Some Thoughts On Competency Standards
AbstractThe Australian Agricultural Economics Society has made a practice of not being directly involved with political matters or taking a stance on matters of economic policy. In accordance with the constitutional objectives of the Society, our role has been to foster interest in such matters, to foster analysis of them and to facilitate discussion but not to put forward a particular viewpoint as being the Society's. On the other hand, our Constitution requires the Society: -to encourage the study of agricultural economics in Australia and to promote high standards of accomplishment in research, teaching and extension in this field'; and inter alia -to promote the profession of agricultural economics in Australia ... '. Therefore, when a matter of government policy and the way it is being implemented affects these objectives, the Society must become involved. The issue I have in mind is that which centres around competency standards in the professions and I believe that issue has the potential to assume crisis proportions for our profession.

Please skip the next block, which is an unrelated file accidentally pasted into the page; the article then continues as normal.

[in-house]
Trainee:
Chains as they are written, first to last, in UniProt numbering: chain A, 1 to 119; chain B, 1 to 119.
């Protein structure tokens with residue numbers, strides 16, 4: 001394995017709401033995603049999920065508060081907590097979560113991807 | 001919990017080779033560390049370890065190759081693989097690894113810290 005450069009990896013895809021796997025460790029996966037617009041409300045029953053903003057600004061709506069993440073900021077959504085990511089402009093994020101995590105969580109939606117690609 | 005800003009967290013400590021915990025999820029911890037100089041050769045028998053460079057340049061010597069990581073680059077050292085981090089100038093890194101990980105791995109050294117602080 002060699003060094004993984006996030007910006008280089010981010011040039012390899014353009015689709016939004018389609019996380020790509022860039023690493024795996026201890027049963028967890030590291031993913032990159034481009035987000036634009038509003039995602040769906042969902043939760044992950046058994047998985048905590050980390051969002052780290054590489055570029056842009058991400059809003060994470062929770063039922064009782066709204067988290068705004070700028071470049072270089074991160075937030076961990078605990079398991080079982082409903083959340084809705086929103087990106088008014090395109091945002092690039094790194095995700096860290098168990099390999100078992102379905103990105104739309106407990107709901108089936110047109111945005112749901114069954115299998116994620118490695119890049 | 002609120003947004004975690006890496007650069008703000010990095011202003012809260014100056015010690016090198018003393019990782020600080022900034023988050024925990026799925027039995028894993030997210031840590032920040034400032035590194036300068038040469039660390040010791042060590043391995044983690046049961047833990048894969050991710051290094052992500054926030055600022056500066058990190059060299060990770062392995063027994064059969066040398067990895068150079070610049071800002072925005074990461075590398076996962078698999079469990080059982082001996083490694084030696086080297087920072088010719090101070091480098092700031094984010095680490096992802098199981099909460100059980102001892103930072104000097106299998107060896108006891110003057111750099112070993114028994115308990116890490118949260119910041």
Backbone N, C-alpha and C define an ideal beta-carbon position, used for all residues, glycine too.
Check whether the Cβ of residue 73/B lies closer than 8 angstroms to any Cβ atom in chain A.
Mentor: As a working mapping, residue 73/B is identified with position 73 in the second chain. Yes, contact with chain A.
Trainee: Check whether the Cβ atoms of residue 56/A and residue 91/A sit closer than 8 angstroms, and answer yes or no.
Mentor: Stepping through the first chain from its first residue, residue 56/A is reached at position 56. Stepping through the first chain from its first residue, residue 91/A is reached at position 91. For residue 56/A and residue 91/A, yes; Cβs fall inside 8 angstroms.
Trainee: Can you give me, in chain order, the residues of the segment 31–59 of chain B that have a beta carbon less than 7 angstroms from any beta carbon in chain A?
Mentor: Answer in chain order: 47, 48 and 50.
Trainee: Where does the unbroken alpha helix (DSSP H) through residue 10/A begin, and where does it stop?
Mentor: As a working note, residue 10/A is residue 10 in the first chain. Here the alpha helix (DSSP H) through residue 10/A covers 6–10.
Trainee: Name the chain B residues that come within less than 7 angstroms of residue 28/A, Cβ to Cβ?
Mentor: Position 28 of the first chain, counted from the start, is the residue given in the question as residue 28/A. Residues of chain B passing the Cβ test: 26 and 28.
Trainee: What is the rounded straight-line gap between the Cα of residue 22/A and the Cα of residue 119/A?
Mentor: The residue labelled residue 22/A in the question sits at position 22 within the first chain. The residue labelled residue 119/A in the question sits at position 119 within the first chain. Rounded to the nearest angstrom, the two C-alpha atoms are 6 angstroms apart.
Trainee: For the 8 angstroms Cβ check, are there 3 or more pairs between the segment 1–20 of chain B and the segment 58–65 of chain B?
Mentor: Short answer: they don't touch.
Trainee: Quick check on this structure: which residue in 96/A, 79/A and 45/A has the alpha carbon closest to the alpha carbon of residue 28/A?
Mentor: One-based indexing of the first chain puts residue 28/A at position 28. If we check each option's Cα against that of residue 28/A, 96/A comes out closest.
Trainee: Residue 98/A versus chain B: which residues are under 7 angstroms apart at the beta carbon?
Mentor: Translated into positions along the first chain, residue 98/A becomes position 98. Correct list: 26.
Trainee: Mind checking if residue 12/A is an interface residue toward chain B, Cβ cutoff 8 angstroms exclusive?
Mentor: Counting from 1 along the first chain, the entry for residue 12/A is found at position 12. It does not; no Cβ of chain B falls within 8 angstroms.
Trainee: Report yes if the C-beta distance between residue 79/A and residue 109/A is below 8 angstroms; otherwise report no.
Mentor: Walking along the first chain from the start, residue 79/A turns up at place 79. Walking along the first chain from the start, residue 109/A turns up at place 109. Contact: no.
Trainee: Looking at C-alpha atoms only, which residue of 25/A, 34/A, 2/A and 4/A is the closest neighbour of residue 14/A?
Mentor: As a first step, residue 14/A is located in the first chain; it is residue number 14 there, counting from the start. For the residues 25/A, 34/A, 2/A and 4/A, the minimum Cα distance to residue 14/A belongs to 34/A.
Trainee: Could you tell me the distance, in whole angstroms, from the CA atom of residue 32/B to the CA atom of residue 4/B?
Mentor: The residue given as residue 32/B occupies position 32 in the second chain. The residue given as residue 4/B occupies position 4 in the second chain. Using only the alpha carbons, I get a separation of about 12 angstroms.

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Bibliographic InfoArticle provided by Australian Agricultural and Resource Economics Society in its journal Australian Journal of Agricultural Economics.
Volume (Year): 37 (1993)
Issue (Month): 02 (August)
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Please report citation or reference errors to , or , if you are the registered author of the cited work, log in to your RePEc Author Service profile, click on "citations" and make appropriate adjustments.:
- Leland, Hayne E, 1979. "Quacks, Lemons, and Licensing: A Theory of Minimum Quality Standards," Journal of Political Economy, University of Chicago Press, vol. 87(6), pages 1328-46, December.
- Ahmadi-Esfahani, Fredoun Z. & Brakey, John, 1995. "The Political Economy of the Australian Agricultural Economics Society: Implications for Future Directions," 1995 Conference (39th), February 14-16, 1995, Perth, Australia 148805, Australian Agricultural and Resource Economics Society.
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